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Bible Commentaries

Dummelow's Commentary on the Bible

Proverbs 17

Verses 1-28

1. Lit. ’the sacrifices of strife.’ There would be no pleasure in the festal meal which followed a sacrifice (Proverbs 7:14) if it was accompanied with a quarrel. ’A little with quiet is the only diet.’

2. The Israelite slave was a member of the family (Genesis 24:12; Deuteronomy 5:14, etc.), might become the heir (Genesis 15:2-3) or marry the daughter (1 Chronicles 2:34-35).

4. Naughty] injurious.

7. The proverb writers show no hope of redeeming the lost. Their verdict is, ’He that is filthy let him be filthy still.’

8. He who gives a bribe regards it as a precious stone, a stone which brings favour; whithersoever he turns he prospers. Philip of Macedon boasted that he had taken more towns with silver than with iron.

10. A hundred strokes would be more than double the number allowed by the law (Deuteronomy 25:3).

11. The meaning is doubtful. Either, ’An evil man seeketh only rebellion,’ or, ’Rebellion seeketh only mischief.’ The rebellion may be against God or the king; if the former, cp. Psalms 78:49 for the cruel messenger.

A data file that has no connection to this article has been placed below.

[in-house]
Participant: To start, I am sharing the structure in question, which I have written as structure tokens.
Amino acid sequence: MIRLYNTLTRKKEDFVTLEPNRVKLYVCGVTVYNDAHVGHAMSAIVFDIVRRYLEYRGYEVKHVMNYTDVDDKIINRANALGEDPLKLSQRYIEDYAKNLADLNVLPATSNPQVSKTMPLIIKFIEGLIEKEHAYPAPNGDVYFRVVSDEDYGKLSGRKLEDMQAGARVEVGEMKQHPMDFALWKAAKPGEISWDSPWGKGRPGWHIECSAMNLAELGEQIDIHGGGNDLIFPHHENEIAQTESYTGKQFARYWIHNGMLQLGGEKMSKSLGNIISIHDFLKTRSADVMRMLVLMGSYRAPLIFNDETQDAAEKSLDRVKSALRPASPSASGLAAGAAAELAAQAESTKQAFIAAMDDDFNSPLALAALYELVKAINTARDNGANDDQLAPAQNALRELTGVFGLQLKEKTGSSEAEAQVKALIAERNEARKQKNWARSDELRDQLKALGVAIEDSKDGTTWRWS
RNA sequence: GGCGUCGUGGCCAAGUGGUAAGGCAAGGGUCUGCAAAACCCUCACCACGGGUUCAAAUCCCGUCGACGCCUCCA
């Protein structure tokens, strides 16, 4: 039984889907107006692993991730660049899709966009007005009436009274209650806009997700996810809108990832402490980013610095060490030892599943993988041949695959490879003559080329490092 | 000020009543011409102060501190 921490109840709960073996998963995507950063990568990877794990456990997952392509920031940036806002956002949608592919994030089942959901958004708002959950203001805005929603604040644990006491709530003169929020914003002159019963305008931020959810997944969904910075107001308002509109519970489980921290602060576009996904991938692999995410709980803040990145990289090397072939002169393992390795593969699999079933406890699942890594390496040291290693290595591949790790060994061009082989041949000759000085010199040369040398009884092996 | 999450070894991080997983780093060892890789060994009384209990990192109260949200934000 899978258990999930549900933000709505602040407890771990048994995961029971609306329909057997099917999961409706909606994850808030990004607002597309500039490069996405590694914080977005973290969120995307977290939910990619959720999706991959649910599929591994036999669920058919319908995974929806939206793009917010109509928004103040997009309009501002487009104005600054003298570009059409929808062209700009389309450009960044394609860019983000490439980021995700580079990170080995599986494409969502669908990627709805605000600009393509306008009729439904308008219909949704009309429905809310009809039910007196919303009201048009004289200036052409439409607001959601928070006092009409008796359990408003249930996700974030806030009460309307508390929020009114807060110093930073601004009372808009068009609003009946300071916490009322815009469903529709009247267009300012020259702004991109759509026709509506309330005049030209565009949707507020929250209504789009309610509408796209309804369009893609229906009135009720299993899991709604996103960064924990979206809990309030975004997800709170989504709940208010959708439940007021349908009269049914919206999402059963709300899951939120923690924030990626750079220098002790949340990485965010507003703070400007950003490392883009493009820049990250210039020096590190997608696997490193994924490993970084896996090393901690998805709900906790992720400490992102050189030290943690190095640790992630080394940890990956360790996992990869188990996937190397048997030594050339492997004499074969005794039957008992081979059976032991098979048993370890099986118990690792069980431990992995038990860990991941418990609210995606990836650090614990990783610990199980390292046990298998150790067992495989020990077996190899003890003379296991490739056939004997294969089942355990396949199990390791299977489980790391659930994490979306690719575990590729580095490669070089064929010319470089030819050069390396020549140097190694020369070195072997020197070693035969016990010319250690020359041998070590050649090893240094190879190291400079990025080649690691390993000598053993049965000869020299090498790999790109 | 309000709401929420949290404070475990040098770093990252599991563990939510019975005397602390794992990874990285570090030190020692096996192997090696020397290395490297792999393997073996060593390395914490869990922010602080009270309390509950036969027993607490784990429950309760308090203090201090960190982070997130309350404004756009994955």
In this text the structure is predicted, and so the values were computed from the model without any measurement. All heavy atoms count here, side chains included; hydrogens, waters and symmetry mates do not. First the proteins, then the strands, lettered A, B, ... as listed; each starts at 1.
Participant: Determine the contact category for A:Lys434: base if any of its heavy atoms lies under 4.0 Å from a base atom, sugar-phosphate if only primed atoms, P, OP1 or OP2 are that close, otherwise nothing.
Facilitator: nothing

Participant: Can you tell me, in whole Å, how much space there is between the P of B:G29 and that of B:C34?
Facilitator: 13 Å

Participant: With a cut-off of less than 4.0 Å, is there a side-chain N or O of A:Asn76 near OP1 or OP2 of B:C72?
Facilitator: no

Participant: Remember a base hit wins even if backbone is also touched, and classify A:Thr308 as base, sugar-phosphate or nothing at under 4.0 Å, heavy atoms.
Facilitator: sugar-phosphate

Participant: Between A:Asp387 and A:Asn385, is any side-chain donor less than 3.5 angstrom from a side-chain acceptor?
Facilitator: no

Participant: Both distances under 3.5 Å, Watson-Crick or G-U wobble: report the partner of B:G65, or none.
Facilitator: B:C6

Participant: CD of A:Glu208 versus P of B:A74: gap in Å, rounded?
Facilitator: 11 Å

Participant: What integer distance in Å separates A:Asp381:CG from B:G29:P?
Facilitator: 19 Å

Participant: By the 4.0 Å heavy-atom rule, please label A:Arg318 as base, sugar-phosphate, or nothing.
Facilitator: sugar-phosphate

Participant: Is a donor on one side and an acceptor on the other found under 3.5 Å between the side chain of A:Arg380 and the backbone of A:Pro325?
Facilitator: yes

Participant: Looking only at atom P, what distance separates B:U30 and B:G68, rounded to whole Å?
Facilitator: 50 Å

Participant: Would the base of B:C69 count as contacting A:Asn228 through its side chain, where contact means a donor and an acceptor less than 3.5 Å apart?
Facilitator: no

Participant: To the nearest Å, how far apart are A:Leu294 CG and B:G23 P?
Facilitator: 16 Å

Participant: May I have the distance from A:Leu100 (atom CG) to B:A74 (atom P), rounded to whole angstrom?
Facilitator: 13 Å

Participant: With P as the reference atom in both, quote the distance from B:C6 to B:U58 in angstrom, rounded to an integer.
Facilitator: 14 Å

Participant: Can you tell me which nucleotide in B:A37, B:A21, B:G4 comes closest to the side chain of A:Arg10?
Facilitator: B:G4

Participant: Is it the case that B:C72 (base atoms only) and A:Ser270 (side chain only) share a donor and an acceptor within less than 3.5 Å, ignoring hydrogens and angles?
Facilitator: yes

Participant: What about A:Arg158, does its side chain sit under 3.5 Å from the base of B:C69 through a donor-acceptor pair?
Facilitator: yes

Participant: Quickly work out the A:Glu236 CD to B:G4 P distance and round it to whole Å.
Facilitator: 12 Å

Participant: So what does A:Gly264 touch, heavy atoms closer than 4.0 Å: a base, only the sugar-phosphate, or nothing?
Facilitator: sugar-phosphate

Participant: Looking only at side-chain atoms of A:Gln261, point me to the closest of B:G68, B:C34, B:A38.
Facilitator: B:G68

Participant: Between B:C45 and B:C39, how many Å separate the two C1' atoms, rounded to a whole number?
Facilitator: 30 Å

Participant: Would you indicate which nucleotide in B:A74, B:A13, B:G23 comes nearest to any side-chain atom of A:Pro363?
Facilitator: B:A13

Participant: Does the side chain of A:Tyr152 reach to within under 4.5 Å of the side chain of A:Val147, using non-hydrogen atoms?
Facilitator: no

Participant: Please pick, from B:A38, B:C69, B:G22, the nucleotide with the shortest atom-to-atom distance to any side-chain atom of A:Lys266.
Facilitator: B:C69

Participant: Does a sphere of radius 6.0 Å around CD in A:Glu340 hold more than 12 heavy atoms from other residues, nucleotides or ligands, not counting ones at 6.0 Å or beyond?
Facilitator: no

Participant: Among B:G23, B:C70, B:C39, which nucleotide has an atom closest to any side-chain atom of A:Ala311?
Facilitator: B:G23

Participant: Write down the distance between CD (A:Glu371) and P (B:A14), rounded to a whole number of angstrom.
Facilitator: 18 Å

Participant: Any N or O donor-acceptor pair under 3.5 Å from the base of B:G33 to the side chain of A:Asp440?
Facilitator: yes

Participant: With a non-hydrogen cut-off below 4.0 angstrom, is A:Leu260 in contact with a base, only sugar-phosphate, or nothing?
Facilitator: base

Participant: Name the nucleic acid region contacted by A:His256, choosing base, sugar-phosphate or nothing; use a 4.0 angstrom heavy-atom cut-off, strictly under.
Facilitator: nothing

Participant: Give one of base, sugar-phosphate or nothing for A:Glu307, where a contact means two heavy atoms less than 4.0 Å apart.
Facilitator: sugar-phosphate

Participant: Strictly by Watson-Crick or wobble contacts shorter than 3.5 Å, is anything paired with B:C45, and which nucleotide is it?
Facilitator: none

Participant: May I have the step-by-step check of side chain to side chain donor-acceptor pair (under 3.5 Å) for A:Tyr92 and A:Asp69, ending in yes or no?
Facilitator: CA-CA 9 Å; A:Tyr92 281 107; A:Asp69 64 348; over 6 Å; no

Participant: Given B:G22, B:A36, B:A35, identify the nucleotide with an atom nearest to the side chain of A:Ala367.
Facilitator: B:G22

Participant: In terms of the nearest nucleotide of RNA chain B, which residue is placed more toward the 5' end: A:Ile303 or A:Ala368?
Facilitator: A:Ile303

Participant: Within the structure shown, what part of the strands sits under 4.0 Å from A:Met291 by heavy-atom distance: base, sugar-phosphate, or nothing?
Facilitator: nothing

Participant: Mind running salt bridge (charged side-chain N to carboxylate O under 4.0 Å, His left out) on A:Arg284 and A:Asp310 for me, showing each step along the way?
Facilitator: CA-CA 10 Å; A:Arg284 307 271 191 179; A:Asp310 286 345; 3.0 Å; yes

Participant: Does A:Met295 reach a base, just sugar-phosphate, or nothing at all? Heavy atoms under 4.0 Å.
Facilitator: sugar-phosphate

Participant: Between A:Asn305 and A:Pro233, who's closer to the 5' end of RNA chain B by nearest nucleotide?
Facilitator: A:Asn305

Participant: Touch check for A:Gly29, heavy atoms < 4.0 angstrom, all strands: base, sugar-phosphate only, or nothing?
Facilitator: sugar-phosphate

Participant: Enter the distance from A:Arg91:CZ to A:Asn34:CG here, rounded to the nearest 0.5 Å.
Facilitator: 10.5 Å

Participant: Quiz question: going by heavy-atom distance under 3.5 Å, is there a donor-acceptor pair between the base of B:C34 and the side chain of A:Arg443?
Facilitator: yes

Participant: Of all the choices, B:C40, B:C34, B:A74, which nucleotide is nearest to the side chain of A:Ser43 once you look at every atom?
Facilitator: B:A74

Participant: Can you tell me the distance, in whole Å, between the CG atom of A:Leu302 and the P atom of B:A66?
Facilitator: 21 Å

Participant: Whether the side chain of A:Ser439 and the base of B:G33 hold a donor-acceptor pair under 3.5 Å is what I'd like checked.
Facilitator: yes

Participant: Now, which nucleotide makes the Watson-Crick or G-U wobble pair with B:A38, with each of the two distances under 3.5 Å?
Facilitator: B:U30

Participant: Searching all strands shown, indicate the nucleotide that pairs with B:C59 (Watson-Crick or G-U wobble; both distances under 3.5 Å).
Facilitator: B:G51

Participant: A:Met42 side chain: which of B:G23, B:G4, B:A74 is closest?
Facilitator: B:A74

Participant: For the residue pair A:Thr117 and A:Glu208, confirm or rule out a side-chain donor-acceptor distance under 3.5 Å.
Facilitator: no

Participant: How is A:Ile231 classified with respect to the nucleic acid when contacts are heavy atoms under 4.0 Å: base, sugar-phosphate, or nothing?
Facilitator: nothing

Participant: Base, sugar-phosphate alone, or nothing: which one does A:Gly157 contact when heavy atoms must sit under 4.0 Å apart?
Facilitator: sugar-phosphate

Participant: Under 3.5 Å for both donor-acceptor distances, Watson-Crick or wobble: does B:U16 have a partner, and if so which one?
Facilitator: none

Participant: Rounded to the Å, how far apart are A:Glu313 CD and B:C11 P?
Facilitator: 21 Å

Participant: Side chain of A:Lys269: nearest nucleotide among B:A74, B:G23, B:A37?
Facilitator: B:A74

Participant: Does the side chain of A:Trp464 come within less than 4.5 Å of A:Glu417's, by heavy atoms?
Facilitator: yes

14. Before it be meddled with] RV ’Before there be quarrelling.’ The bursting of a dam begins with a small crack. ’Little strokes fell great oaks.’

16. Money cannot buy it if the mind is indisposed to it.

19. To ’exalt the gate’ may mean to set oneself above the neighbours, and so become a target for their envy. But the original probably ran: ’He that speaketh proud words.’

24. The fool lacks the power of concentration.

27, 28. ’I have found nought of better service than silence.’ ’Silence is a fence to wisdom.’

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Bibliographical Information
Dummelow, John. "Commentary on Proverbs 17". "Dummelow's Commentary on the Bible". 1909.